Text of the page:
In previous moves, we’ve done our best to organize and then said, “Screw it. We’ll sort it out when we get there.” However, moving across country is a bit more forgiving of this attitude than moving across an ocean. International movers figure your move by volume (how big a container you will need) *and* weight (how much time it will take to pack and how much space will be needed to truck it to port). Now, as it turns out, our move from Austin, TX to Leeds, UK will end up costing us a bit less than it cost us to move here from California. Yep, you read it right. It’s going to be cheaper to move overseas. And it’s not because we’re going to sell everything we own and eat off a card table when we get there. It’s because international shipping rates aren’t regulated the same way as domestic shipping rates. Therefore, it’s an extremely competitive market. This is very good for the family moving, as long as you follow some simple guidelines (and I’m not claiming to know all of them). One - Don’t deal with anyone not willing to do an in-home estimate. Two - Get at least three estimates and make sure and tell all of them who else you’ll be talking to. Three - Make sure you’re comparing apples to apples. Door-to-door service. Packing services. Port fees. Custom fees. Damage insurance. There are a lot of factors and everyone who you talk to should be willing to answer all of your questions and come up with a few for you as well. I went so far as to ask for each companies US shipping license number, references from previous international clients, and how long they had been handling international moves. If they balk at any of those, walk away.
The first man who came was extremely nice, very professional, had an extensive moving brochure for me with checklists, and was generally willing to talk to me for as long as I needed information. He went through each room of the house with me and asked what we would be taking and what was staying. He made suggestions as to how we could get more in a smaller packing space, etc. He also noted that he would return, closer to the move, to reassess the amount to be moved, as he knows we’re in the process of sort and sell.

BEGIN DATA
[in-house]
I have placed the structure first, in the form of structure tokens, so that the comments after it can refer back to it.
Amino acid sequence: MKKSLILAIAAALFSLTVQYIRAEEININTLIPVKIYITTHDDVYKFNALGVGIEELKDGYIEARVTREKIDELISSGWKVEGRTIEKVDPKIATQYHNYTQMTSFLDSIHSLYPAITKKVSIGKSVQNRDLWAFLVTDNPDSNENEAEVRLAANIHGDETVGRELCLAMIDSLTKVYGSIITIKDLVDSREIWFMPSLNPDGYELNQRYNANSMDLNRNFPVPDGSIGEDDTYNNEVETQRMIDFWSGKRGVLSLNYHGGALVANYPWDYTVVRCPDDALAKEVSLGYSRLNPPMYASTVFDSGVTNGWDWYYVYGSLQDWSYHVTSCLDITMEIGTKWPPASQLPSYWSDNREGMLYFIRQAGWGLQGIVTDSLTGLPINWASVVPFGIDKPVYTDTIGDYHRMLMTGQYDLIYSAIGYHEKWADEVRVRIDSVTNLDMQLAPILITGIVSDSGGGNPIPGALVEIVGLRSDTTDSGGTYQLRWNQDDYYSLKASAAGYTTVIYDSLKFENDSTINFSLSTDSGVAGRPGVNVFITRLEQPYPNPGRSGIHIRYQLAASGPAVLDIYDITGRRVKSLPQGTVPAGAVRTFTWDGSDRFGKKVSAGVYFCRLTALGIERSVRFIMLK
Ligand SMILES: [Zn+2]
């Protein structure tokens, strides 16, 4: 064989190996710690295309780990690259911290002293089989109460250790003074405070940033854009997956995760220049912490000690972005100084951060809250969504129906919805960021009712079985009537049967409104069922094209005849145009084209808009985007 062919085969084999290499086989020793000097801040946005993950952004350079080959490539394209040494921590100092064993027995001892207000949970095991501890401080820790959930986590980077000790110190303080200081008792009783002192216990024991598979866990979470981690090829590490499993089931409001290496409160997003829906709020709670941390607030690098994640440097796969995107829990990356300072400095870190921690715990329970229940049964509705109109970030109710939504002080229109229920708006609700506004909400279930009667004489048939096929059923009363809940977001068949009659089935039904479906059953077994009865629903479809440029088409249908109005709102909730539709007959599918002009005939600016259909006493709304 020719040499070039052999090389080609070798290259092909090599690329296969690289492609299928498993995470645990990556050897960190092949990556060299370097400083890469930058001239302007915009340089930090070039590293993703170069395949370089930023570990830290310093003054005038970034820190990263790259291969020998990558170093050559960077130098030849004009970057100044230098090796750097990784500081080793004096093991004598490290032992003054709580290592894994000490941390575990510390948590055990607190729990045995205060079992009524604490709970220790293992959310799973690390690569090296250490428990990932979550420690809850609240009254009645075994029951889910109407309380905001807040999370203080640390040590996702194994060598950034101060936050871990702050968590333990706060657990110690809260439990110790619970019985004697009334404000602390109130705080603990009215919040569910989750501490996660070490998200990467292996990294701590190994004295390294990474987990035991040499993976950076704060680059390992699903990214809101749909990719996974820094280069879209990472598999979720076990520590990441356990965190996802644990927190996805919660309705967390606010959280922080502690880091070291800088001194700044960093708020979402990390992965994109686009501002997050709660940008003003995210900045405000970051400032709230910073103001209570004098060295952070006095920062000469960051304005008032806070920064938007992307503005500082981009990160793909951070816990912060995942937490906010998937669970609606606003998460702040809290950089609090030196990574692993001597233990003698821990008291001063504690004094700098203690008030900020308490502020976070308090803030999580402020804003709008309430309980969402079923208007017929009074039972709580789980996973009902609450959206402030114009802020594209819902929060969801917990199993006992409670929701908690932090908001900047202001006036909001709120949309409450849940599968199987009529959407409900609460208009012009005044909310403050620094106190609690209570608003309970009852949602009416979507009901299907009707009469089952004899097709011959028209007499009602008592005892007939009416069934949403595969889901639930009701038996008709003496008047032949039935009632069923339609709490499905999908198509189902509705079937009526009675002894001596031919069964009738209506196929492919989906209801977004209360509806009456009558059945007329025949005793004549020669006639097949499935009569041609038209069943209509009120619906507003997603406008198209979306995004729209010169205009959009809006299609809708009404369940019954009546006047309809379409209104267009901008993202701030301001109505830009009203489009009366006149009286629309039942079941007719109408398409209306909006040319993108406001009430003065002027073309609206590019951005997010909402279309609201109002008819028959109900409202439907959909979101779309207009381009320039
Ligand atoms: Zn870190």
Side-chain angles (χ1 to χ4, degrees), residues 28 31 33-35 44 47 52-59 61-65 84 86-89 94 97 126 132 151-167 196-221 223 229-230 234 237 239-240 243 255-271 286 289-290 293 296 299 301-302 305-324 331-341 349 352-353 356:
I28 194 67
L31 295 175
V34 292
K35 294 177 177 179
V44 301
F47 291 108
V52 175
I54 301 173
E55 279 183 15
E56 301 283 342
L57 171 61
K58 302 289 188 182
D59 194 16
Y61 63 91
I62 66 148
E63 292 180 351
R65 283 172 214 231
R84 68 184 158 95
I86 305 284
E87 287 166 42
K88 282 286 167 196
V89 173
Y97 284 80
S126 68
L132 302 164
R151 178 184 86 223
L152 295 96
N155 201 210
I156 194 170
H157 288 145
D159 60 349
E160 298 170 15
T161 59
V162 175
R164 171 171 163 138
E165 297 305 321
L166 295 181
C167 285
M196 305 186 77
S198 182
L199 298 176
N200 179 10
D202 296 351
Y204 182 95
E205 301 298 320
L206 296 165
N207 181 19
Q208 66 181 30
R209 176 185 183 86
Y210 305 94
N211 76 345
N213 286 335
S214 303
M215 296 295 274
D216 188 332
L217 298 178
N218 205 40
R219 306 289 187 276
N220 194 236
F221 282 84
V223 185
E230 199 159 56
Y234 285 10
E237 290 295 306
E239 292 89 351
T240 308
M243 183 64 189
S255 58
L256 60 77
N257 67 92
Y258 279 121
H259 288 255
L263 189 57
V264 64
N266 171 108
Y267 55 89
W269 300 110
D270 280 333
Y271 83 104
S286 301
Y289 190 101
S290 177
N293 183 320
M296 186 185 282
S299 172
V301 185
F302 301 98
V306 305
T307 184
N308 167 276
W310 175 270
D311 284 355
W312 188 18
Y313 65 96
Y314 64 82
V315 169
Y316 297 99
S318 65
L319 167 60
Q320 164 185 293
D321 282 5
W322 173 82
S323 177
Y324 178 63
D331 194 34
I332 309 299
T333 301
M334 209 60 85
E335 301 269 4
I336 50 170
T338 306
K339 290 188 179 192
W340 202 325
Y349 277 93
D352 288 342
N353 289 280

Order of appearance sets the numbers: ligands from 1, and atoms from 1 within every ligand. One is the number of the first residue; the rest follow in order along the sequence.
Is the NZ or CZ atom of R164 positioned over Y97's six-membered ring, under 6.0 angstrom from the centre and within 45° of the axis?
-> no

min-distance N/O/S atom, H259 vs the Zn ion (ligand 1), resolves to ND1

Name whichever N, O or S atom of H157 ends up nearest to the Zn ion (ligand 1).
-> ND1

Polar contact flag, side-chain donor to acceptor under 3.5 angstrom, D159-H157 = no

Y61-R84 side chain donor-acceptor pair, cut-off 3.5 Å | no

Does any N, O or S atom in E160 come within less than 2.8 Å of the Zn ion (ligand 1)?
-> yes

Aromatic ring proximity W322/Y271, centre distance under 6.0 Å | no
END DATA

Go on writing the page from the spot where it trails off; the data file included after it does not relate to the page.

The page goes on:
There are two other companies coming to bid this week. Then I’ll email everyone with everyone else’s bids and see what happens. It should be interesting to watch.
At one point, I found myself wandering around the house with a pocket full of marbles and a hand full of lego bits, completely at a loss for where the containers were for either one. Having finally tracked those down, it occurred to me that by the time I have this place organized enough to show, I’m also going to have it pretty well organized to move. Two birds and all that. However, the getting there may tax my sanity.
Brandon tells me that you should only have one thing on each counter. Close your eyes and imagine your kitchen, your bathroom, your living room coffee table. Right. No real family ,who actually lives in their home, only has one thing on a counter. I worked it down in the kitchen to mostly one thing on every four feet of counter and called it a night. I was pooped.
The other thing that is happening in this process is that I’m deciding what is going to England and what is going elsewhere. Elsewhere will either be garage sales, friends, charity, trash. We’re having the first of (hopefully only) two garage sales this weekend. Electronics are somewhat useless in an oversees move, as the current and plugs are different. We can get transformers for some and swap power supplies for others, but mostly we’ll just be leaving a lot of the little things behind and some of the big ones for that matter. We won’t take the toaster oven, waffle maker, electric tea kettle, or the yogurt maker. Their too inexpensive to replace and carrying them over would be more trouble and money than they’re worth. We will take the stand mixer, food processor and blender. They cost more and I can probably get one transformer and a plug strip and keep them all on the same counter. This is how the reasoning goes.